LL Cool J Launched His Career As A 16-Year-Old Cold-Calling Def Jam

James Todd Smith was hanging out in Record Explosion, a record store on Jamaica Avenue in Queens, N.Y. It was 1984, and the 16-year-old, whose stage name was LL Cool J, picked up a single entitled "It's Yours" by T La Rock. He wrote down the address and phone number for Def Jam Recordings he found on the record. The address — 5 University Place — and phone number with a 212 area code were indeed for the small label. But what LL Cool J didn't know at the time was that it was also Rick Rubin's New York University (NYU) dorm room.

LL Cool J sent his mixed tape to the address and began cold calling the label. "Yo Rick, you get the tape yet?" the teenager asked. "Nope," was the response, the rapper recalled during an interview with Hot Ones. This went on day after day. And if not for the intervention of another soon-to-be hip-hop giant, Rick Rubin and LL Cool J might have never met or helped change the course of popular music.

Rick Rubin's label started as a lark

LL Cool J, born on Long Island, N.Y., on Jan. 14, 1968, grew up in Queens and, at nine years old, began listening to the brand new music bubbling up around New York City. "There were different tapes circulating from groups like the Cold Crush Brothers," he recalled in "Def Jam Recordings: The First 25 Years of the Last Great Record Label." He added, "When 'Rappers Delight' and that whole wave began coming out in 1979, it drove me up the wall, it was awesome." By 12, he was writing his own rhymes and, two years later, started sending out demos.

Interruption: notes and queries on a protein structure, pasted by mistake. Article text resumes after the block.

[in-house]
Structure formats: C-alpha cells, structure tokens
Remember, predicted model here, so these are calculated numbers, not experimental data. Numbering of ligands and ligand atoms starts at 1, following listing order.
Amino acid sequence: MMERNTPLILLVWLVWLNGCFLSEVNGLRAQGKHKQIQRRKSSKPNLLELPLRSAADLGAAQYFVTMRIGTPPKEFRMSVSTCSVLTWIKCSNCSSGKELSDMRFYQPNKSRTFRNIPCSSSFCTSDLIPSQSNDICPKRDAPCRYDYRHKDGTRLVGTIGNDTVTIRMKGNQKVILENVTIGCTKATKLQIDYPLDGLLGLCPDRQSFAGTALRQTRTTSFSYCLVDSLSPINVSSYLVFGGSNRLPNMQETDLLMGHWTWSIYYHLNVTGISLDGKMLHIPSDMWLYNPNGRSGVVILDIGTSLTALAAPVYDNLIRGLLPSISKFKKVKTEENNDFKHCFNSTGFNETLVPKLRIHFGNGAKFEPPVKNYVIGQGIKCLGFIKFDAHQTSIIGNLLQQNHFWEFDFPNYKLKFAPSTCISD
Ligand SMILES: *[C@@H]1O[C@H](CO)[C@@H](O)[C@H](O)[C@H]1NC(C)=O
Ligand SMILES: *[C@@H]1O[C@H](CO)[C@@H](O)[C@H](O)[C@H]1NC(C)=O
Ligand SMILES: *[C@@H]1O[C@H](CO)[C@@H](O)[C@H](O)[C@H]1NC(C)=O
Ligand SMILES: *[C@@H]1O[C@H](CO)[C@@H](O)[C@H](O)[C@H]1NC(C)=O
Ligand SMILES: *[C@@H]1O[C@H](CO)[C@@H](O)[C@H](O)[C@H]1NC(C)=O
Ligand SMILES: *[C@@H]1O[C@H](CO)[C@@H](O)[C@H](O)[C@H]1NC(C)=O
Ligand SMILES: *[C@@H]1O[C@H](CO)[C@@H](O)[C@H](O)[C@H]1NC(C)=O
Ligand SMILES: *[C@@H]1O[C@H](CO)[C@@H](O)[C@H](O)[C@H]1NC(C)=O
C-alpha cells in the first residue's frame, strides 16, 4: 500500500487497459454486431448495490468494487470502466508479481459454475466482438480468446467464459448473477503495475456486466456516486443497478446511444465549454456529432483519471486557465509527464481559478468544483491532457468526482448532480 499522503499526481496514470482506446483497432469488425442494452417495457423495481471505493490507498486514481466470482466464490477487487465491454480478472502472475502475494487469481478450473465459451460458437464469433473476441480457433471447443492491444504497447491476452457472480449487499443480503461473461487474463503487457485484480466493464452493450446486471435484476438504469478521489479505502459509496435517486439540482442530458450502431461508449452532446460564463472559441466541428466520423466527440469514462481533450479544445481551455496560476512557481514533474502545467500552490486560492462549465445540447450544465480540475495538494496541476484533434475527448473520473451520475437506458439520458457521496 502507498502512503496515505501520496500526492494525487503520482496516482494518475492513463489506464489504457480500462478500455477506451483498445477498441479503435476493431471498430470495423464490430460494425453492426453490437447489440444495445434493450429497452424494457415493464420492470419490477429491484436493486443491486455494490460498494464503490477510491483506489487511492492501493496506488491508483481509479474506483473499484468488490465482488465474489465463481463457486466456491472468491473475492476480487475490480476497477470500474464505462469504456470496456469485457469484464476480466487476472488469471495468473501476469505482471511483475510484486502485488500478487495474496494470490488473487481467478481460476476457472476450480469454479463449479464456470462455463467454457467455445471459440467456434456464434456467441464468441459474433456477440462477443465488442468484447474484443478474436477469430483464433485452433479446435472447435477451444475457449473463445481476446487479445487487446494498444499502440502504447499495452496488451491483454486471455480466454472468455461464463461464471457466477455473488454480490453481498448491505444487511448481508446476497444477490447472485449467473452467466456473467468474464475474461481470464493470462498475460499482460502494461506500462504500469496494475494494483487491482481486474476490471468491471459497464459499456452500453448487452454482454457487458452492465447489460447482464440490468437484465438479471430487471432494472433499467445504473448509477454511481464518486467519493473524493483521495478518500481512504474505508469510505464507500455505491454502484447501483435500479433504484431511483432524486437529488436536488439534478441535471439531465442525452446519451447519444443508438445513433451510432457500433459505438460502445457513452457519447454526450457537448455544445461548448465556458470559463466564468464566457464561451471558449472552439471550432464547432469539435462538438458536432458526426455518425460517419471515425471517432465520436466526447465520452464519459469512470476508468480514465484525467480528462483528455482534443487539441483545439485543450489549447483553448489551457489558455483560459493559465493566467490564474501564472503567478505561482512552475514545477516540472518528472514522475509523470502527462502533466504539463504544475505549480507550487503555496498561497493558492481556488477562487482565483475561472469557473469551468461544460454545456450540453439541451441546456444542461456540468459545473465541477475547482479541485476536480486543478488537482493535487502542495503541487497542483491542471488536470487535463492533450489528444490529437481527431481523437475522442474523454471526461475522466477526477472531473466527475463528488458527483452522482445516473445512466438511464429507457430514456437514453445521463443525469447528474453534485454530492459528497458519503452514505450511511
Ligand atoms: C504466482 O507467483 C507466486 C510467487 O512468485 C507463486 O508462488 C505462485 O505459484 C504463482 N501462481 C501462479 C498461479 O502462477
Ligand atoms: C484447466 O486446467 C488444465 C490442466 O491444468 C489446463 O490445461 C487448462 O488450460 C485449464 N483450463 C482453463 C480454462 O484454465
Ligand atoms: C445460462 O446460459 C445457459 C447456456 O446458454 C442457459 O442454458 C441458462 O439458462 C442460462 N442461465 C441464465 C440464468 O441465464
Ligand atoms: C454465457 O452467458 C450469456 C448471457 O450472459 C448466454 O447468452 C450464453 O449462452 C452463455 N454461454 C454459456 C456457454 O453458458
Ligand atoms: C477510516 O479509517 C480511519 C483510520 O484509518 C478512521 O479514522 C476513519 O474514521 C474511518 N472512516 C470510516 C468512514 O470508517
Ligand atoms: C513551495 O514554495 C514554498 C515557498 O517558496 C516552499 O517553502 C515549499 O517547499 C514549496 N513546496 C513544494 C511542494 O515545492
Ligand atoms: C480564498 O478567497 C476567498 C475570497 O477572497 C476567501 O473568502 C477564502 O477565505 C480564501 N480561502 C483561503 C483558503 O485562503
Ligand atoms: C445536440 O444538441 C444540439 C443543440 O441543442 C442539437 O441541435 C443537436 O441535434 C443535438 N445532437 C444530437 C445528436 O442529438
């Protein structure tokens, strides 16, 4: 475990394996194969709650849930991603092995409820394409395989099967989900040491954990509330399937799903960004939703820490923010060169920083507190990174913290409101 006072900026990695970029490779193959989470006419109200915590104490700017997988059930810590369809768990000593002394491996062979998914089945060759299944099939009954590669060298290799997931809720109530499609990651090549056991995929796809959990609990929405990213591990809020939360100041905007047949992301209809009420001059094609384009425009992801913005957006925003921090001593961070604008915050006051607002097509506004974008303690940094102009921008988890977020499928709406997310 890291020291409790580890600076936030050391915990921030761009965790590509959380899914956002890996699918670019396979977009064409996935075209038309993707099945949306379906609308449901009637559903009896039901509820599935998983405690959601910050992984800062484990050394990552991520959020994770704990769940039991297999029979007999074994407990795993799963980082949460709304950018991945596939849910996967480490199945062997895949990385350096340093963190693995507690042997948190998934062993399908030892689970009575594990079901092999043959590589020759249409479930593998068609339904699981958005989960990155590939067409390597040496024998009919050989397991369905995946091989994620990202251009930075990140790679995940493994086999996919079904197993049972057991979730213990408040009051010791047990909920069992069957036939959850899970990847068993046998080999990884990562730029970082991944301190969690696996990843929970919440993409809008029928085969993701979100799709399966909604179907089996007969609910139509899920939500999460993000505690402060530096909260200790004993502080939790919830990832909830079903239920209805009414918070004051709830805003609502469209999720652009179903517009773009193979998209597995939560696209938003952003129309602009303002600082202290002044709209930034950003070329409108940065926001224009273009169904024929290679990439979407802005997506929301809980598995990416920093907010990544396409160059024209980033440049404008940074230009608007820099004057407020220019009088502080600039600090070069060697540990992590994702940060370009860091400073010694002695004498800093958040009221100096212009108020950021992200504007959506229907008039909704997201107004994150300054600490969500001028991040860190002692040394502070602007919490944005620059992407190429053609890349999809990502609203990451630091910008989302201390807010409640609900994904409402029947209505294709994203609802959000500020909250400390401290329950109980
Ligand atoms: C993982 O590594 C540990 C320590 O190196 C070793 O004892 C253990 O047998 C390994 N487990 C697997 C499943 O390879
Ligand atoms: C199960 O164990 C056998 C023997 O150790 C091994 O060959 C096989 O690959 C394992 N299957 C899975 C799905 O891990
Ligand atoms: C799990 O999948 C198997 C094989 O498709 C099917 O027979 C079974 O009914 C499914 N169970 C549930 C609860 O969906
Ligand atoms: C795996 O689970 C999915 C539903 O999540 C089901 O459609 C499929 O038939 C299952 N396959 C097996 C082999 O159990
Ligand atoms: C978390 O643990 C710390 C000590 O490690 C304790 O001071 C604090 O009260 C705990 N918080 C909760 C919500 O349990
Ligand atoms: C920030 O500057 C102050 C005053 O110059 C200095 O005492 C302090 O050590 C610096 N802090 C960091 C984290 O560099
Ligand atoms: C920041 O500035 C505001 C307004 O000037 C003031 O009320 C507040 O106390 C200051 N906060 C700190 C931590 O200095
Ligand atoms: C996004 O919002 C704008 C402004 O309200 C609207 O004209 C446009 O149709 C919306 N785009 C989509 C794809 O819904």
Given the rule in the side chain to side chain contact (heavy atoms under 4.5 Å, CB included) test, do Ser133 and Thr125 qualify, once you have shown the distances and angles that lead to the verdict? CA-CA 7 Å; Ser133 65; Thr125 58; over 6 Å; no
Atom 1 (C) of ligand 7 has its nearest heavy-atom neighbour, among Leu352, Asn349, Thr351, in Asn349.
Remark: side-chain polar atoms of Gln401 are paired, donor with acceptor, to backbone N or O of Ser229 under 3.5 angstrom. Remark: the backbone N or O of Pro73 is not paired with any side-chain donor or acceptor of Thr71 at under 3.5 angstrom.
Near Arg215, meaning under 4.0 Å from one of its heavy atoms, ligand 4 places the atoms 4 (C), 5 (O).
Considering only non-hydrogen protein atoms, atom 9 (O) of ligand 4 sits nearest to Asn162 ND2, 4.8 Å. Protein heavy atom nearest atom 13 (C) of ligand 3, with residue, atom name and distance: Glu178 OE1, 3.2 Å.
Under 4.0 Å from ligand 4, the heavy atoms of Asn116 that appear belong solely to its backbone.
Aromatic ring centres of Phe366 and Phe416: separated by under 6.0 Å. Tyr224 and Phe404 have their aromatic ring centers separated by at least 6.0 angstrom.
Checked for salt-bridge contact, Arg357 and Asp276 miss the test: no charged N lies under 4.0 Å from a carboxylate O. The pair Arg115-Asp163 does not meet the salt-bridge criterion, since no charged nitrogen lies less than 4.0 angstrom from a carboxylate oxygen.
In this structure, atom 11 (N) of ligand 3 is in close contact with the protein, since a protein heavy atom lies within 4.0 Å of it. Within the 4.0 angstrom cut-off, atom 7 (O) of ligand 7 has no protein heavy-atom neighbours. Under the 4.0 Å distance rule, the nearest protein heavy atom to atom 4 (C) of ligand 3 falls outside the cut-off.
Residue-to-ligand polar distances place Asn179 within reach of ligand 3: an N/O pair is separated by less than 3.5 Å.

In 1984, Def Jam was little more than a hobby for Rick Rubin, whose parents hoped he'd become a doctor or lawyer. Rubin was attending NYU, getting good grades, and was on track to go to law school. "I never thought that any of the things I loved could be my job," he recalled in "Def Jam Recordings." And then he met Russell Simmons, who he partnered with on the record label. But it would be LL Cool J who would help catapult them all to stardom.

In steps a Beastie Boy

Adam Horovitz, better known as Ad-Rock of the Beastie Boys, was living with Rick Rubin in his NYU dorm room that summer when he came across LL Cool J's demo. "Ad-Rock from the Beastie Boys found the demo because he would listen to all the demos that came in and a lot of demos came in," Rubin told 60 Minutes. He played it for Rubin, who loved it. "Yo, this is Rick. Come on down. Let's make a demo," LL Cool J recalled Rubin telling him during a life-changing phone call, per "Def Jam Recordings."

Having never met Rubin, LL Cool J assumed he was Black and was shocked to be greeted by a long-haired white college kid. "I was expecting Don Cornelius [the Soul Train host]," he told Hot Ones. That fall, the label released the rapper's "I Need a Beat," which was the first record Rubin and Simmons worked on together. It sold more than 100,000 copies and LL Cool J and Def Jam were on their way to making musical history. "No one knew what this was going to be," Rubin told 60 Minutes. "It just turned into more than anyone expected."